Malaria deaths in India 13 times UN's estimate, study finds
New Delhi - Malaria kills 205,000 people in India annually, a figure more than 13 times higher than UN estimates, research released Thursday said.
The study, published in the Lancet medical journal, raised doubts about the total number of malaria deaths reported worldwide. The UN's World Health Organization (WHO) estimated 881,000 malaria deaths per year globally, of which 91 per cent occur in Africa and about 15,000 occur in India.
'This low estimate should be reconsidered as should the low WHO estimate of adult malaria deaths worldwide,' the study, published online, said.
But the WHO said the estimates produced by the study appeared too high, the BBC reported.
The international team of researchers who conducted the study sent field workers to 6,671 randomly selected areas in India to interview people about 122,000 deaths from 2001 to 2003.
The field workers sent back half-page reports about the severity and course of the patients' fevers.
The field reports were then sent to two physicians who each gave an independent assessment on the causes of the deaths.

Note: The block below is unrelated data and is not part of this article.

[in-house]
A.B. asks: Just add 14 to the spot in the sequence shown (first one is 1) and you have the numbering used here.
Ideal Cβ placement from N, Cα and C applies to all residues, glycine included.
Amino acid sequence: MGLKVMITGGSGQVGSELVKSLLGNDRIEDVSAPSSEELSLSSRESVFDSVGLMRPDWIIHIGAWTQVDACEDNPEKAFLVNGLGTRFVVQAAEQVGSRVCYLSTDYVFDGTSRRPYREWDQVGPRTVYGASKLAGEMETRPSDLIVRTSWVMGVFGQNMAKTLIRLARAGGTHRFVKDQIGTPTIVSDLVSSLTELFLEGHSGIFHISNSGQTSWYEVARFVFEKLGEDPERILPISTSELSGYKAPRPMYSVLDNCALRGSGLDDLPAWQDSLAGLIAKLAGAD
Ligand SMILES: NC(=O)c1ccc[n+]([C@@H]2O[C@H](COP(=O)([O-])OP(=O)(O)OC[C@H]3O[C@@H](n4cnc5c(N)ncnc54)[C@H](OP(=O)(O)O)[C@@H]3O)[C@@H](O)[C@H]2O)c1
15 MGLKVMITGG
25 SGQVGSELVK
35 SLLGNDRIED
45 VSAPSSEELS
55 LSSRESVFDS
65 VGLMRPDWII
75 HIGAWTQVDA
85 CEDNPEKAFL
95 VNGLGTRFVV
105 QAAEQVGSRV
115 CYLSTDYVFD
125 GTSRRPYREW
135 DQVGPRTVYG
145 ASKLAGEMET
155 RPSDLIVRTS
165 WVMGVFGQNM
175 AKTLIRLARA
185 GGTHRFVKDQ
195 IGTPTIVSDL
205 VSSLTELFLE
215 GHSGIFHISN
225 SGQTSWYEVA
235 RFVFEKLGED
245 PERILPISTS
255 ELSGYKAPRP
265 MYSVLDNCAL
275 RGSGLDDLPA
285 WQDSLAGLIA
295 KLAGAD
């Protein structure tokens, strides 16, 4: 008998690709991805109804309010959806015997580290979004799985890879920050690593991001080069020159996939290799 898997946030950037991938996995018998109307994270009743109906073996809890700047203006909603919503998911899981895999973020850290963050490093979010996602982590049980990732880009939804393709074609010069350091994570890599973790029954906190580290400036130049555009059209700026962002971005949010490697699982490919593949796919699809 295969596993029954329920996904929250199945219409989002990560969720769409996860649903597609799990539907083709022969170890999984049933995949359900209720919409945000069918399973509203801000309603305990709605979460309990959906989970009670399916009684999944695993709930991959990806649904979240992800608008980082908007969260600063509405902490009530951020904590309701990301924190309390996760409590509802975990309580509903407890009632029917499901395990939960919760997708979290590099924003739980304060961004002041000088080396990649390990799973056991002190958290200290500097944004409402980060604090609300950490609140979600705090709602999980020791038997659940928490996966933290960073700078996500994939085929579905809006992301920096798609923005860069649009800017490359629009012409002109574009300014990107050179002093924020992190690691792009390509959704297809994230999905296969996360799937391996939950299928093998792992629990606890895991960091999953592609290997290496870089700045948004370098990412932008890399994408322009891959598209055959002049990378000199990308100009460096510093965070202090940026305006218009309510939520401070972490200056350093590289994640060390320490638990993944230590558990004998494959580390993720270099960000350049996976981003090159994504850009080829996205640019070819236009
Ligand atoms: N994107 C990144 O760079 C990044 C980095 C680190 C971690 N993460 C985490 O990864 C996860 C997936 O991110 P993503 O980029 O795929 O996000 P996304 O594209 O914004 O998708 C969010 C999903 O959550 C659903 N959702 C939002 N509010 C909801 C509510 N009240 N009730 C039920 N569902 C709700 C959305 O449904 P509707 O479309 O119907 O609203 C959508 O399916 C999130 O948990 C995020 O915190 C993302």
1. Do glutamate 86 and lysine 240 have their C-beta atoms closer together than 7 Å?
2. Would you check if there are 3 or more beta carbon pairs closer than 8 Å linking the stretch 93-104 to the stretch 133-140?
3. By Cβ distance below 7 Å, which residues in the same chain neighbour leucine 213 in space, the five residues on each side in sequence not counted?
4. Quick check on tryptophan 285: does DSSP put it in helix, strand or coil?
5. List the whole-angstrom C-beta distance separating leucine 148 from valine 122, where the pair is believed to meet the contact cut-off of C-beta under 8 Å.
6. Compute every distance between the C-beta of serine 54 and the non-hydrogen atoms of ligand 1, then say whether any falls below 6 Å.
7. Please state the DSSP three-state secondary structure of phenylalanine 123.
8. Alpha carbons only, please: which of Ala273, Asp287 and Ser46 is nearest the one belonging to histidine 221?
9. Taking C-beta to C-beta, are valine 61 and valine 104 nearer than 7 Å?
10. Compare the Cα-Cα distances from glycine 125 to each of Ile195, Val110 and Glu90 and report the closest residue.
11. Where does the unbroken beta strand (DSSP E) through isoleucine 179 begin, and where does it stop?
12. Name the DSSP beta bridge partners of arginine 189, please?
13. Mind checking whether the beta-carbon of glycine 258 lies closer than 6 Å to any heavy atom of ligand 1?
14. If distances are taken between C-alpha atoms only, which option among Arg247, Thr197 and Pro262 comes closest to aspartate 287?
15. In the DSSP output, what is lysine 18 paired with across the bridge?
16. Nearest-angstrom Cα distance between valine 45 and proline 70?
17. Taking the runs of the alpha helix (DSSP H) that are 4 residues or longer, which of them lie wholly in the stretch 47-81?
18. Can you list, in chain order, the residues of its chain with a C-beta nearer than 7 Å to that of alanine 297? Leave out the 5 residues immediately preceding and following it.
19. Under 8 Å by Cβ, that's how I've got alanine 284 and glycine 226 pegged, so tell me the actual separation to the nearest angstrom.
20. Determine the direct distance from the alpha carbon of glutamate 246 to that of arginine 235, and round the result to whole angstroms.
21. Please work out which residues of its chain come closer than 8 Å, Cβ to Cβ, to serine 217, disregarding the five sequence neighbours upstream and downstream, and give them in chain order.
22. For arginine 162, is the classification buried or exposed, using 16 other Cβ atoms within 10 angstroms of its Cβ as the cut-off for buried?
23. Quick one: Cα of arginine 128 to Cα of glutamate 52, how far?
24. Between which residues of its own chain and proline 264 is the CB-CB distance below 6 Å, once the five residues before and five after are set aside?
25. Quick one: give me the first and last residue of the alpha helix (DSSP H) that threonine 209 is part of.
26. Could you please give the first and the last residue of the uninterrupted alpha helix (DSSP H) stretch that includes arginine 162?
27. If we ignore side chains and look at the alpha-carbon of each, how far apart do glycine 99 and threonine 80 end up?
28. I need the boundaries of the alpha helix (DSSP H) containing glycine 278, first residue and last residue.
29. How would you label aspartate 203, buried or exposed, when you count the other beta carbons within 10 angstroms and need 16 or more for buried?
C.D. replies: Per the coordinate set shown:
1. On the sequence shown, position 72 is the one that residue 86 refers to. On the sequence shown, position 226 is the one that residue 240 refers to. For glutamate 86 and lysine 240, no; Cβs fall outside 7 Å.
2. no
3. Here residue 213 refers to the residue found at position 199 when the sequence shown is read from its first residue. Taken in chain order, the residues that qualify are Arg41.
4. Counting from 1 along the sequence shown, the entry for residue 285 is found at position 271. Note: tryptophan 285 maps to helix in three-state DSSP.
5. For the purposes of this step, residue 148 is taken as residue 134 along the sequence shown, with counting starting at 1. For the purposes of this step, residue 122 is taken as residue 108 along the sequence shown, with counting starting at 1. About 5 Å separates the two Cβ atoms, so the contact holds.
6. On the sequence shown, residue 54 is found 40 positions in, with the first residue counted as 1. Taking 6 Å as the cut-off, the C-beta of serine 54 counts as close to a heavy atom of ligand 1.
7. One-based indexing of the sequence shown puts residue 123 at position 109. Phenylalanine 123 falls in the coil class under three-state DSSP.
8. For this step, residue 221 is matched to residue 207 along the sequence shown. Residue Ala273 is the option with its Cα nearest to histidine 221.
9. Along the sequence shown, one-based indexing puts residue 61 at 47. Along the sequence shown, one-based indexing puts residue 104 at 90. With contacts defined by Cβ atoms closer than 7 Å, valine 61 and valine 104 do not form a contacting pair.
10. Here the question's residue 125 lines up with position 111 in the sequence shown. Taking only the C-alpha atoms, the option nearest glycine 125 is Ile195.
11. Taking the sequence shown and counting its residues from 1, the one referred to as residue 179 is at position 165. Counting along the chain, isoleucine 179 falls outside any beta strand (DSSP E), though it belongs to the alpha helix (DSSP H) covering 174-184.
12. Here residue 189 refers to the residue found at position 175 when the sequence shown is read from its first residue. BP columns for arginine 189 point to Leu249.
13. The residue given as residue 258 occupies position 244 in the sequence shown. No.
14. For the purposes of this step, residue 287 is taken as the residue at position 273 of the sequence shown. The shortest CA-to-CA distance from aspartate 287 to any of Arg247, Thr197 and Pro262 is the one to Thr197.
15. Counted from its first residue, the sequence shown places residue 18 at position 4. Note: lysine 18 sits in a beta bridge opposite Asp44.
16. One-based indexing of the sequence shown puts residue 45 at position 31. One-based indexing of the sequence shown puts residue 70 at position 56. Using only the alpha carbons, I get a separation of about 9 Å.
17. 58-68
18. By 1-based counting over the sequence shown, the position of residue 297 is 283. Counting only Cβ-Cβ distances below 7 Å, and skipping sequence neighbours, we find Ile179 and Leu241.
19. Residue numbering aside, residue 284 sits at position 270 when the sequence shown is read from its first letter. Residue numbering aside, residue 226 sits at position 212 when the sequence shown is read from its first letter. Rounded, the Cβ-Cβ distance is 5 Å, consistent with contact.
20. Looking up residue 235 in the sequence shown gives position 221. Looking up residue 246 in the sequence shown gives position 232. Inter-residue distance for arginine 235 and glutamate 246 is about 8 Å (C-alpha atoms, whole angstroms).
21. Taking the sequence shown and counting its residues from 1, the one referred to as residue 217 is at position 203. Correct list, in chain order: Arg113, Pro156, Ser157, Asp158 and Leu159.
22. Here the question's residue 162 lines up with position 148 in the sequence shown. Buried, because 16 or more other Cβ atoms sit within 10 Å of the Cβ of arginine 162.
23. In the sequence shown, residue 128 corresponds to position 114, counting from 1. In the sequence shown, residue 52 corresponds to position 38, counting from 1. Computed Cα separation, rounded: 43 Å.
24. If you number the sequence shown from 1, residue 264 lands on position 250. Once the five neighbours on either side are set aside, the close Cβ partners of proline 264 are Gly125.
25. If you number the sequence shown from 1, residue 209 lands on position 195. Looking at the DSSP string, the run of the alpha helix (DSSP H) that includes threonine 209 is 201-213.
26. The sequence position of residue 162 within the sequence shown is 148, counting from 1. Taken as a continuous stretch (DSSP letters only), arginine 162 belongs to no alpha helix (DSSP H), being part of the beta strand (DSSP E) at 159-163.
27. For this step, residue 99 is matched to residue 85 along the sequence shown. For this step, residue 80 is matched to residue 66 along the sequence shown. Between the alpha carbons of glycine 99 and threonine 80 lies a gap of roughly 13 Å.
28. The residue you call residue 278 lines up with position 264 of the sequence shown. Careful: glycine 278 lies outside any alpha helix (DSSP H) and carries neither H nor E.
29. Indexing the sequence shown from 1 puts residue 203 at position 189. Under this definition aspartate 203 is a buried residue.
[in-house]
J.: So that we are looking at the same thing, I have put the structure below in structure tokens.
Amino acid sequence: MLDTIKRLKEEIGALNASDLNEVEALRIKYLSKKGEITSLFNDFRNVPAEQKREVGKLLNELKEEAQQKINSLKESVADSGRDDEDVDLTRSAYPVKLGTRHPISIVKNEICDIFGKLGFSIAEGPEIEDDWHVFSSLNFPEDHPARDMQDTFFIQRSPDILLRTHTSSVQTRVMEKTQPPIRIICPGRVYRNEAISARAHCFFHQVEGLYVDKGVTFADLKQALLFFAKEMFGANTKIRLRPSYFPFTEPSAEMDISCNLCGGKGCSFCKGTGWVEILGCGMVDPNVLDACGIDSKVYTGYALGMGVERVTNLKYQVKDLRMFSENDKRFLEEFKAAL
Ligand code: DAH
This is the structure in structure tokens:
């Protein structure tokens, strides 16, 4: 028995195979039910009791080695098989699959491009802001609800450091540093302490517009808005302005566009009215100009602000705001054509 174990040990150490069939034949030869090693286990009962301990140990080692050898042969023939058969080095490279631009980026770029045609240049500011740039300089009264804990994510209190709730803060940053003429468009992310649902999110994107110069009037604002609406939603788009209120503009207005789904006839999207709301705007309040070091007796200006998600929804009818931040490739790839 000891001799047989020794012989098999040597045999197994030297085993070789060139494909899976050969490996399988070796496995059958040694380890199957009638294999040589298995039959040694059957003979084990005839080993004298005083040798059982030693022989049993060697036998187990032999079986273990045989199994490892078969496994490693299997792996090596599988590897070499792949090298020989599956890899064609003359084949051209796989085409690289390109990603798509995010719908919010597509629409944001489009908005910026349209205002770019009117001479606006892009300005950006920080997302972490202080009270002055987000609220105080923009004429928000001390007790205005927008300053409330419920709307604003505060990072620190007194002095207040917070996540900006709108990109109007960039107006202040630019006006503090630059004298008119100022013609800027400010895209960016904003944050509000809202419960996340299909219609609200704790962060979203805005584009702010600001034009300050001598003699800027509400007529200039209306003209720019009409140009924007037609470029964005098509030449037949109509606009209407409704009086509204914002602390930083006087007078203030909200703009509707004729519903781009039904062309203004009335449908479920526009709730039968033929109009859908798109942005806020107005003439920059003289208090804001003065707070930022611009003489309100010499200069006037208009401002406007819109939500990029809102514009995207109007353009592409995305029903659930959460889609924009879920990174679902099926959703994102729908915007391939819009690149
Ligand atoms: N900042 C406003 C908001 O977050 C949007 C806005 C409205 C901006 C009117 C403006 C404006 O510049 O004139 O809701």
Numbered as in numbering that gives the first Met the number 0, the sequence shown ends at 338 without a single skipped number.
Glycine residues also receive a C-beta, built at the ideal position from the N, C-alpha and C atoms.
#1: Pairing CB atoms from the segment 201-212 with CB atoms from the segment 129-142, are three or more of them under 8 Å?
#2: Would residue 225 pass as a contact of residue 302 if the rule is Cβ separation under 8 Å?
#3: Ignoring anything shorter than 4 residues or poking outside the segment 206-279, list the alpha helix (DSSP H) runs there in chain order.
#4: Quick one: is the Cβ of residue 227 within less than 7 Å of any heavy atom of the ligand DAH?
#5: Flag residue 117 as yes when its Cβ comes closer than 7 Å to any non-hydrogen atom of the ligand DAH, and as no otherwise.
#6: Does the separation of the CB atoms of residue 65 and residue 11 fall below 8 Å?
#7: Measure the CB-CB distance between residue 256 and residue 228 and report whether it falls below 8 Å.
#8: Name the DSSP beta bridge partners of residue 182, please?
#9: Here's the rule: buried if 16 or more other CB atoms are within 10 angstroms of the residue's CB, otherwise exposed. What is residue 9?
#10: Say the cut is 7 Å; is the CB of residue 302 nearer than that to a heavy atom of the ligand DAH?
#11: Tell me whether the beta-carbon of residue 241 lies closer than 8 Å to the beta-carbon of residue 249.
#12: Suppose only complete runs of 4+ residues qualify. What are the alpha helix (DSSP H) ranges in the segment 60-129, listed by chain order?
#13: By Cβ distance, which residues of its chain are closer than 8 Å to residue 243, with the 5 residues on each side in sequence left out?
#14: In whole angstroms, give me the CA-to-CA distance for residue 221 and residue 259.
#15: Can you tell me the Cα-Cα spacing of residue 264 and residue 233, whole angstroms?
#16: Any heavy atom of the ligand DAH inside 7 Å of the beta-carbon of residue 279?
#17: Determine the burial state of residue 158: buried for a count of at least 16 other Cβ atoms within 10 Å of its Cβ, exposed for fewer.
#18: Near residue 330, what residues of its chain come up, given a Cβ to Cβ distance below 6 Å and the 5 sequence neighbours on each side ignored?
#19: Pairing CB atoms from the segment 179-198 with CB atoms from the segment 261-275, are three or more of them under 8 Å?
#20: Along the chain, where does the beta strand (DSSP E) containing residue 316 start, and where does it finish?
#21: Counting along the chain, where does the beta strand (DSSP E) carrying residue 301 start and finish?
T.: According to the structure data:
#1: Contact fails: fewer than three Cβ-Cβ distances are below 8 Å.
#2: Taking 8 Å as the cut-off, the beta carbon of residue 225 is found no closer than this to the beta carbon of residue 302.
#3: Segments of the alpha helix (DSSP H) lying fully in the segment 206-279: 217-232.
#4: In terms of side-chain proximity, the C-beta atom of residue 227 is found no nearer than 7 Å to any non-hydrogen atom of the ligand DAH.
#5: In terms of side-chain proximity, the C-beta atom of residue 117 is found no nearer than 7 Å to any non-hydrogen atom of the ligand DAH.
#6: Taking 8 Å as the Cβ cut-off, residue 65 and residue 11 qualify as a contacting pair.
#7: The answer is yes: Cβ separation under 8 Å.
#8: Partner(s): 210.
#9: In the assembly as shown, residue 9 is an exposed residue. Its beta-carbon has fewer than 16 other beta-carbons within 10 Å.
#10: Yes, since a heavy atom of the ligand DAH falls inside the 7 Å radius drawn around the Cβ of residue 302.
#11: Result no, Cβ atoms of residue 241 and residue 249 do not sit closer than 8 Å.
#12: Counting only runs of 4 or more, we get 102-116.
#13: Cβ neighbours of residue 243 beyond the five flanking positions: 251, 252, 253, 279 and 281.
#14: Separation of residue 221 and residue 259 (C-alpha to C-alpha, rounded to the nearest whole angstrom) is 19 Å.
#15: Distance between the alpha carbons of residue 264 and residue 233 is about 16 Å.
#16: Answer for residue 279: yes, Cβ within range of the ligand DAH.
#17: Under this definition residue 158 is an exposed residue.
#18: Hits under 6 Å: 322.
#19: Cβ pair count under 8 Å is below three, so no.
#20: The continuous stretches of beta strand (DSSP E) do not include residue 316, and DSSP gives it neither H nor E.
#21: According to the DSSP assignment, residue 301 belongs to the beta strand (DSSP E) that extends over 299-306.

The doctors concluded that 3.6 per cent of the deaths occurred from malaria. Ninety per cent of the deaths were in rural areas, and 86 per cent occurred outside a health-care facility, said the study, which was funded by the US government's National Institutes of Health, the Canadian government's Institute of Health Research and the Li Ka Shing Knowledge Institute, a medical research institute in Toronto.
'Death rates attributed to malaria correlated geographically with local malaria-transmission rates derived independently from the Indian malaria-control programme,' the study said.
The results extrapolated nationwide, showed malaria killed 205,000 people under 70 years of age each year: 55,000 in early childhood, 30,000 from 5 to 14 and 120,000 from 15 to 69.
The WHO estimated that malaria caused 10,000 to 21,000 deaths in India in 2006.
Robert Newman, head of the WHO's global malaria programme, told the BBC that the agency's current evaluation methods had limitations but said he doubted the high estimates from the study.
Newman said the method used in the study to determine malaria deaths was not a trustworthy method because the symptoms of malaria are shared with many other causes of acute fever.